Tuesday, June 17, 2008

Sew Your Own Cloth Diapers

So I plan on using cloth diapers when this little one comes. For those unfamiliar with cloth diapering, there are many different ways to cloth diaper (CD). The cheapest option is to use prefolds with a waterproof cover, which is what babies have worn for hundreds of years (and what my mom was thinking about last night when she asked if my baby was going to wear plastic pants). The easiest options are All-In-Ones or Pocket diapers, where the outer layer is waterproof. These are pretty much just like a disposable diaper, except they are cloth and don't have all of the dangerous chemicals that 'sposies have. Here is an easy chart comparing the different kinds of CD.

I'm sort of praying for a really generous relative who decides they want to buy me a big stash of pocket and AIO diapers, but in case that doesn't happen, I'm starting to consider other options. Sewing my own sounds like a good plan, doesn't it?

I've found a couple of links to some sewing patterns and was hoping to hear from some people out there on the interwebs about diaper sewing patterns that you have really loved.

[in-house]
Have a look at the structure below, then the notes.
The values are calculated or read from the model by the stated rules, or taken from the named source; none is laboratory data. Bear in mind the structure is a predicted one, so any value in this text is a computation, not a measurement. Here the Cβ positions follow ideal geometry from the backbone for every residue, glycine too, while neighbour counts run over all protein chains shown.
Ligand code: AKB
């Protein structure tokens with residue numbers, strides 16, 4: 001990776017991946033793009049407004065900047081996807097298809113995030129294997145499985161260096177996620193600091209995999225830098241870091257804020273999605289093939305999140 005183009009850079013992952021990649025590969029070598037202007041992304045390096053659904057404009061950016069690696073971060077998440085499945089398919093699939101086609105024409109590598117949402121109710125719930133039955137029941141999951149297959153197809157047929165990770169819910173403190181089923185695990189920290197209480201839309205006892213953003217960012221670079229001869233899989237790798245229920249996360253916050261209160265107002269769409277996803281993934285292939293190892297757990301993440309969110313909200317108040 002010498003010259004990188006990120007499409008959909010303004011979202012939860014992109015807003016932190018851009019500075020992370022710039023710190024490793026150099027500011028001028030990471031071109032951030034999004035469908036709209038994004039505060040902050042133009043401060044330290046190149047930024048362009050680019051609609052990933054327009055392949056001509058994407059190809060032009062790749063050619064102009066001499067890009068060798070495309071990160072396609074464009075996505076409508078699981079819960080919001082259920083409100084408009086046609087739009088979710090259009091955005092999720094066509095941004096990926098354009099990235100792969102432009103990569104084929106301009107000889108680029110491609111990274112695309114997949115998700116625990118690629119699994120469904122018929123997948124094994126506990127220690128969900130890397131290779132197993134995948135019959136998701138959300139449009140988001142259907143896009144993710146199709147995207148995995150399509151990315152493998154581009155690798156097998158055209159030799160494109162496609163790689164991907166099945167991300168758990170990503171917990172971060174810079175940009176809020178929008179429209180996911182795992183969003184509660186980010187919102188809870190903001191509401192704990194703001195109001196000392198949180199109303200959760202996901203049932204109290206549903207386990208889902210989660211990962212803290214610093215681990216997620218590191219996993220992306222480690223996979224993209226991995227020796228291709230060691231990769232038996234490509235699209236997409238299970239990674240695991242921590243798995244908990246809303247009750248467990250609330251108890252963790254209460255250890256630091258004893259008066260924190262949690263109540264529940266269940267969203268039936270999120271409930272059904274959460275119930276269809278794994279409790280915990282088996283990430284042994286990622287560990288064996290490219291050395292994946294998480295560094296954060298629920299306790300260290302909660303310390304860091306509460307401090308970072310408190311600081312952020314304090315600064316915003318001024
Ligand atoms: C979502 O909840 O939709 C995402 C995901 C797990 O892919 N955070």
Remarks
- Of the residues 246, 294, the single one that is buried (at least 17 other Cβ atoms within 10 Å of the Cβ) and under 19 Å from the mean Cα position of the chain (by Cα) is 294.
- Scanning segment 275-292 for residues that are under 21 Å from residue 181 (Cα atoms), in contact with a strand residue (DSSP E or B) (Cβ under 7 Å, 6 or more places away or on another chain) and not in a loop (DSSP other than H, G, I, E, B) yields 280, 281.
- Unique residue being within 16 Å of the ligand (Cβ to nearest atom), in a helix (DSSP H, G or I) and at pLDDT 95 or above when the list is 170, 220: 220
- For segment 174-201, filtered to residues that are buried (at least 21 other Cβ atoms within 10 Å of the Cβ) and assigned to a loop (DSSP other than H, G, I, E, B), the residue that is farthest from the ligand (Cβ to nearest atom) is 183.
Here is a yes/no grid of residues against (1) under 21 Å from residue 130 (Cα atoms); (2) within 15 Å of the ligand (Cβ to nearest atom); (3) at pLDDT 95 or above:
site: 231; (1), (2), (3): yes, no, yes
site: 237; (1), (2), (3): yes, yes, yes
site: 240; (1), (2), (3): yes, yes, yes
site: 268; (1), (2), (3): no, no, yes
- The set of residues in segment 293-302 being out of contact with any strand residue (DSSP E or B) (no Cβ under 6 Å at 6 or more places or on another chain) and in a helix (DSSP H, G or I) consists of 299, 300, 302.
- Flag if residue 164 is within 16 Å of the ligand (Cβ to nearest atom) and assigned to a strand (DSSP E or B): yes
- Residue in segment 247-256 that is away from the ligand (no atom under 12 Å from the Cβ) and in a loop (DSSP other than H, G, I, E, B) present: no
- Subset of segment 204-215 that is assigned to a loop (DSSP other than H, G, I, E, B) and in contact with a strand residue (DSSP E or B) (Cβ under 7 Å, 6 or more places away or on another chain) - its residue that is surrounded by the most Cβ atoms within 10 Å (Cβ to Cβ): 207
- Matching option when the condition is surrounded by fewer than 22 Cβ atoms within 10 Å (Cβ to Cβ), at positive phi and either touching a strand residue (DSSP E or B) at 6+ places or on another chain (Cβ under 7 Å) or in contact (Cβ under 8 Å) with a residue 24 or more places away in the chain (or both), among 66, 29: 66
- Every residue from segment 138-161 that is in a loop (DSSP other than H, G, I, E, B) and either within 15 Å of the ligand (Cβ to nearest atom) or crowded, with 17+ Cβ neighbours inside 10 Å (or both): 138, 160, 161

The first one I've heard great reviews about is Mama Bird's Free Diaper Pattern. She has a basic diaper pattern and instructions on making it an AIO, fitted, or pocket.

Fern and Faerie has a ton of instructions for making prefolds, wool covers, flatfolds, fitteds, and for knitting wool soakers! This website is geared toward frugal diaper sewing, so most of the instructions are for how to turn old t-shirts, flannel shirts, or wool sweaters into diapers.

Please let me know what works for you!


  1. I bought a handful of Bum Genius pocket cloth dipes (as we affectionately call them) and some gDiapers. I have made, and need to make more, microfiber inserts to have extras on hand. The pocket dipes are so good at wicking away moisture (to the insert) that you can use them again if they just had pee in them, so I'm hoping to build up my stash of inserts. I just took some cheap microfiber towels cut them to 5 3/4" x 12" pieces and then layer 3 pieces and zig-zag around the edge (and put a big of fray-check around it too- boy does microfiber make a mess!). I also use the homemade cloth inserts in the gDiapers, instead of their expensive but earth-friendly flushables. I'm not really interested in making my own diapers right now because I really like how the BG's and Gdipes work, but I think making extra inserts is an easy way to make what you've got go farther. I have a couple of posts on my 2 blogs about cloth dipes with more info and helpful links (some are in the comments). It's super fun-- they are cheaper, earth-friendly and very cute! :)

  2. I sewed my own CD's for my DD. I bought the VeryBaby pattern and used that for quite some time... then I made some significant adjustments to the shape to get the best fit for her body (chunky little thighs and a teensy weensy waist). I tweaked the sewing method a bit too and I best liked my self-made pattern in the end.